Somali pirates vow revenge over comrades' killings

(Adds quotes from pirates, analyst)

BOSASSO, Somalia, April 12 (Reuters) - Somali pirates threatened revenge on Sunday after two separate hostage-rescue raids by foreign forces killed at least five comrades, raising fears of future bloodshed on the high seas.

The latest raid by U.S. forces on Sunday that saved an American hostage and one by France last week have upped the stakes in shipping lanes off the anarchic Horn of Africa nation where buccaneers have defied foreign naval patrols.

"The French and the Americans will regret starting this killing. We do not kill, but take only ransom. We shall do something to anyone we see as French or American from now," Hussein, a pirate, told Reuters by satellite phone.

"We cannot know how or whether our friends on the lifeboat died, but this will not stop us from hijacking," he said.

Sea gangs generally treat their captives well, hoping to fetch top dollar in ransoms.

The worst violence has been an occasional beating.

"We shall revenge," said another pirate, Aden, in Eyl village, a pirate lair on Somalia's eastern coast.

Some fear the U.S. and French operations may make the modern-day pirates more like their more fearsome forbearers.

"The pirates will know from now that anything can happen. The French are doing this, the Americans are doing it. Things will be more violent from now on," said Andrew Mwangura of the Kenya-based East African Seafarers Assistance Programme.

"This is a big wake-up to the pirates. It raises the stakes."


Piracy is lucrative business in Somalia, where gangs have earned millions of dollars in ransoms, splashing it on wives, houses, cars and fancy goods.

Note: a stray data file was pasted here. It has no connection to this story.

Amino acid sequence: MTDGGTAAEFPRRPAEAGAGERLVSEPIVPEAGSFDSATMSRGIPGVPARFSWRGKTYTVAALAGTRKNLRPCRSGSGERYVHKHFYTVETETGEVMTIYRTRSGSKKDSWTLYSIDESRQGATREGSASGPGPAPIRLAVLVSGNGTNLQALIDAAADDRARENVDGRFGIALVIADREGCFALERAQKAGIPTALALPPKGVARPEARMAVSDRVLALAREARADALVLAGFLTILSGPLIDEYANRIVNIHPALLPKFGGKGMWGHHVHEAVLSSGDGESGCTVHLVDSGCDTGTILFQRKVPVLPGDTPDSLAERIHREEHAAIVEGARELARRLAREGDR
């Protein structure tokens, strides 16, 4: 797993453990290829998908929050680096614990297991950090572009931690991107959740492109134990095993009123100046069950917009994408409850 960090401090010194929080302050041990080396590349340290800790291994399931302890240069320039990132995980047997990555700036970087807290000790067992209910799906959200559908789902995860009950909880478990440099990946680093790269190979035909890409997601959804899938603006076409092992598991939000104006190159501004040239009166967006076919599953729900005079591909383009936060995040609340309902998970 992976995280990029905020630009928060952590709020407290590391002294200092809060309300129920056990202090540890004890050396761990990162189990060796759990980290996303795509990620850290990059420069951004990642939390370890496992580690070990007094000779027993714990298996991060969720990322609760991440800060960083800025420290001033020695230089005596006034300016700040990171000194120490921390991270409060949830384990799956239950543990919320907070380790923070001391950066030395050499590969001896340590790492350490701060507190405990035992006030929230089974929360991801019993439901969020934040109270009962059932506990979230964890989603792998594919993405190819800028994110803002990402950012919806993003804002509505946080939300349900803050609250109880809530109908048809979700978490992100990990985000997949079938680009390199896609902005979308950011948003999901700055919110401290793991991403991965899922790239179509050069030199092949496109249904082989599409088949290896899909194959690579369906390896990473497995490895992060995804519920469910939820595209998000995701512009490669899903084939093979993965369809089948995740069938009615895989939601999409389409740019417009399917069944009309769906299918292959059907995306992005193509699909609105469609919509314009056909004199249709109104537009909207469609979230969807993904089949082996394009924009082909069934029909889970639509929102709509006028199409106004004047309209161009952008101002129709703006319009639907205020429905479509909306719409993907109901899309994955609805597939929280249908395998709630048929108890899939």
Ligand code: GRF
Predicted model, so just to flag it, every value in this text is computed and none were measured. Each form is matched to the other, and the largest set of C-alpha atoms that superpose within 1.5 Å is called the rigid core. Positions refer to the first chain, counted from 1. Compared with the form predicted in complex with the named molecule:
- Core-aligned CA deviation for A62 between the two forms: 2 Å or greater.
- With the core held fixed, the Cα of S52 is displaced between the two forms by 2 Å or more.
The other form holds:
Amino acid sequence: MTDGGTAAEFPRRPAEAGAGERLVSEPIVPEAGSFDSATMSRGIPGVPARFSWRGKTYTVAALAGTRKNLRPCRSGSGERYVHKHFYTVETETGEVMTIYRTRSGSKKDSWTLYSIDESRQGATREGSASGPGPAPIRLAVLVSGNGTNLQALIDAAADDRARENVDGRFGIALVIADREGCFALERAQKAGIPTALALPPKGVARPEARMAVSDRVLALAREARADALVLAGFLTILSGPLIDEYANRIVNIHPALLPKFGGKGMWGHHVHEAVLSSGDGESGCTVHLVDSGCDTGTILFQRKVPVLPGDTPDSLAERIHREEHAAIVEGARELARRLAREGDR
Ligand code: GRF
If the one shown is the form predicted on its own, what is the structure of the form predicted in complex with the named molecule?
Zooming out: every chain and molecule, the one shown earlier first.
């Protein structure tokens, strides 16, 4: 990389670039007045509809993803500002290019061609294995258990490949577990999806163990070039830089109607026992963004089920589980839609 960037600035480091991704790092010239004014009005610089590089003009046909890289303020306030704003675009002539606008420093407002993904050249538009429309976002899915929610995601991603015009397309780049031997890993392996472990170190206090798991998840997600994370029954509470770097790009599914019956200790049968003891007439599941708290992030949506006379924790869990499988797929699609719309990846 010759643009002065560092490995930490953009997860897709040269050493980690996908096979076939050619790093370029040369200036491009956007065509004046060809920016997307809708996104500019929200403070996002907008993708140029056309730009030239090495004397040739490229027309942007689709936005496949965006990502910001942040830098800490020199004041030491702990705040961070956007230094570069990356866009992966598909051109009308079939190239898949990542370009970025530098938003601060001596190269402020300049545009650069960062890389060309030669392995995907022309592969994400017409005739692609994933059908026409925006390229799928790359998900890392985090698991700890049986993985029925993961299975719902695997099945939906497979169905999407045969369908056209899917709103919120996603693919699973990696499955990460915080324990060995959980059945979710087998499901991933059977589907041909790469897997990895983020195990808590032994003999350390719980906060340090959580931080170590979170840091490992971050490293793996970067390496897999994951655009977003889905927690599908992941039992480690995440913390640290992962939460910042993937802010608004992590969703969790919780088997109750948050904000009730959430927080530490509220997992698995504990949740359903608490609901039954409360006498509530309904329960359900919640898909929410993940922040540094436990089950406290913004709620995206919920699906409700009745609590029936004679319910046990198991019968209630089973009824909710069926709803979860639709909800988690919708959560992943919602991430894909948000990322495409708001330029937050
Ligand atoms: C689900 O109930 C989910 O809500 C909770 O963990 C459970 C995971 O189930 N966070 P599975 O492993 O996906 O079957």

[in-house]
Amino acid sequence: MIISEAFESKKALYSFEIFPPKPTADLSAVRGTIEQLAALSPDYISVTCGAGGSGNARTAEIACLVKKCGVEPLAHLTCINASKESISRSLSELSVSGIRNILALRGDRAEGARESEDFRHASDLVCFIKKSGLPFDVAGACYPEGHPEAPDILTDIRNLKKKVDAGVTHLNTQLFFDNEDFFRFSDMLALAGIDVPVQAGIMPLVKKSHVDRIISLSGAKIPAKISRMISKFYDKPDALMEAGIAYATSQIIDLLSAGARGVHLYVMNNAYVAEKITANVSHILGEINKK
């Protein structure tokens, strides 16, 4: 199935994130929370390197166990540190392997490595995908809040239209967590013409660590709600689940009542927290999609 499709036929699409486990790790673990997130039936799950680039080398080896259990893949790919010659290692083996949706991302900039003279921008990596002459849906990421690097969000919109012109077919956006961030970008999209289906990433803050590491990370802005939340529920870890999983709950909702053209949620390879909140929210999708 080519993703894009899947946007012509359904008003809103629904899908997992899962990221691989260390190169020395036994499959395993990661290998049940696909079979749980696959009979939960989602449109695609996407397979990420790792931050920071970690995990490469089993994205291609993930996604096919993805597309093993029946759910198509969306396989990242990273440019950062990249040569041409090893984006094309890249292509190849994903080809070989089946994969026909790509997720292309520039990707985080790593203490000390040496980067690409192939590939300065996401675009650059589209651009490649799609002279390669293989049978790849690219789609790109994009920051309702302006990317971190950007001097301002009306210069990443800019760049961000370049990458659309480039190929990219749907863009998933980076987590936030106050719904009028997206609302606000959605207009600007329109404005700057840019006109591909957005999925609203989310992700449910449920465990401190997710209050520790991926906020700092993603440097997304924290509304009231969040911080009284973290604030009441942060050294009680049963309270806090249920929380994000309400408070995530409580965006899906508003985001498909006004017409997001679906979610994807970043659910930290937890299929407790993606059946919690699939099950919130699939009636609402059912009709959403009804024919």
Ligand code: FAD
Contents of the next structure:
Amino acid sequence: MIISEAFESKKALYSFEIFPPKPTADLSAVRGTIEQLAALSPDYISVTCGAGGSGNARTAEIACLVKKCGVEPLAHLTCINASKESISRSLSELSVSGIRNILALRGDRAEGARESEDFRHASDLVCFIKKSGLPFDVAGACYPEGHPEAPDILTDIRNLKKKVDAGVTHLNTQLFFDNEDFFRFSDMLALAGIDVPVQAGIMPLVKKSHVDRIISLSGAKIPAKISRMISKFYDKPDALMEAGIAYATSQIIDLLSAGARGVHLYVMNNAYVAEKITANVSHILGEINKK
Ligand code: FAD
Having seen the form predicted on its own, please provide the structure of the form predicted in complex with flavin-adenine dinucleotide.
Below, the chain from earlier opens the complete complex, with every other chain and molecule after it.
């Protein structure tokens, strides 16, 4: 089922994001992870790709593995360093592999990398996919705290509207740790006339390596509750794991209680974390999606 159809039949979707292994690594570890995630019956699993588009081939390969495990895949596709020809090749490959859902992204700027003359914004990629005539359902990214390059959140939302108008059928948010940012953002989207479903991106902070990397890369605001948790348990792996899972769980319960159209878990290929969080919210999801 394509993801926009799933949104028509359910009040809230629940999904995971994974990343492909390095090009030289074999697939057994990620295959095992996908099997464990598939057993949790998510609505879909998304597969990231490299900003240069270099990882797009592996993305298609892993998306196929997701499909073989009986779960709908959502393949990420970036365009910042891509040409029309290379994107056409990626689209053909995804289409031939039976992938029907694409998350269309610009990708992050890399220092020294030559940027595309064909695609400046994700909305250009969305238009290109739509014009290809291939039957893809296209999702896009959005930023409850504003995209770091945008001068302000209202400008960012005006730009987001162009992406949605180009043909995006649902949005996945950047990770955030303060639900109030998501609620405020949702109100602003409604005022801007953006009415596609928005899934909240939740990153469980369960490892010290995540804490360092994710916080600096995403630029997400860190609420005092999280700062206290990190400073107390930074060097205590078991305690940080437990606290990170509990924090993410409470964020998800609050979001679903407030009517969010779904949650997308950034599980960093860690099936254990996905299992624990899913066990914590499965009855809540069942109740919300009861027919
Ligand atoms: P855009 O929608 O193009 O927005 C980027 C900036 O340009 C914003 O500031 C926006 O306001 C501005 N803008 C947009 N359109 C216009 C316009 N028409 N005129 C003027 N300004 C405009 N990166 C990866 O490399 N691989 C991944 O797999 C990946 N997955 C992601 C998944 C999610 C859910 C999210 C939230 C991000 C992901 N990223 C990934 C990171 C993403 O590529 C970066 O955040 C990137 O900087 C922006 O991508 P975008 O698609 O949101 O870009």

After a wane in business early this year, pirates have struck back. They presently hold more than a dozen vessels with about 260 hostages, of whom about 100 are Filipino.

Eyl, Haradheere and other pirate havens along the Indian Ocean coastline have come back to life with the windfall of successful operations.

Somalia's anarchy -- whose 18 years of civil war have given sea gangs assault rifles, grenade launchers and little central control -- has long been ignored by world powers.

The saga over the capture of cargo ship captain Richard Phillips has thrown international attention on the long-running piracy phenomenon that has hiked up insurance costs on strategic waterways where warships now patrol.

"Killing three out of thousands of pirates will only escalate piracy," said Sheikh Abdullahi Sheikh Abu Yusuf, spokesman of the moderate Islamist group Ahlu Sunna Waljamaca. (Additional reporting by Andrew Cawthorne in Nairobi and Abdi Sheikh and Abdi Guled in Mogadishu; Writing by Jack Kimball; Editing by Andrew Cawthorne and Jon Boyle)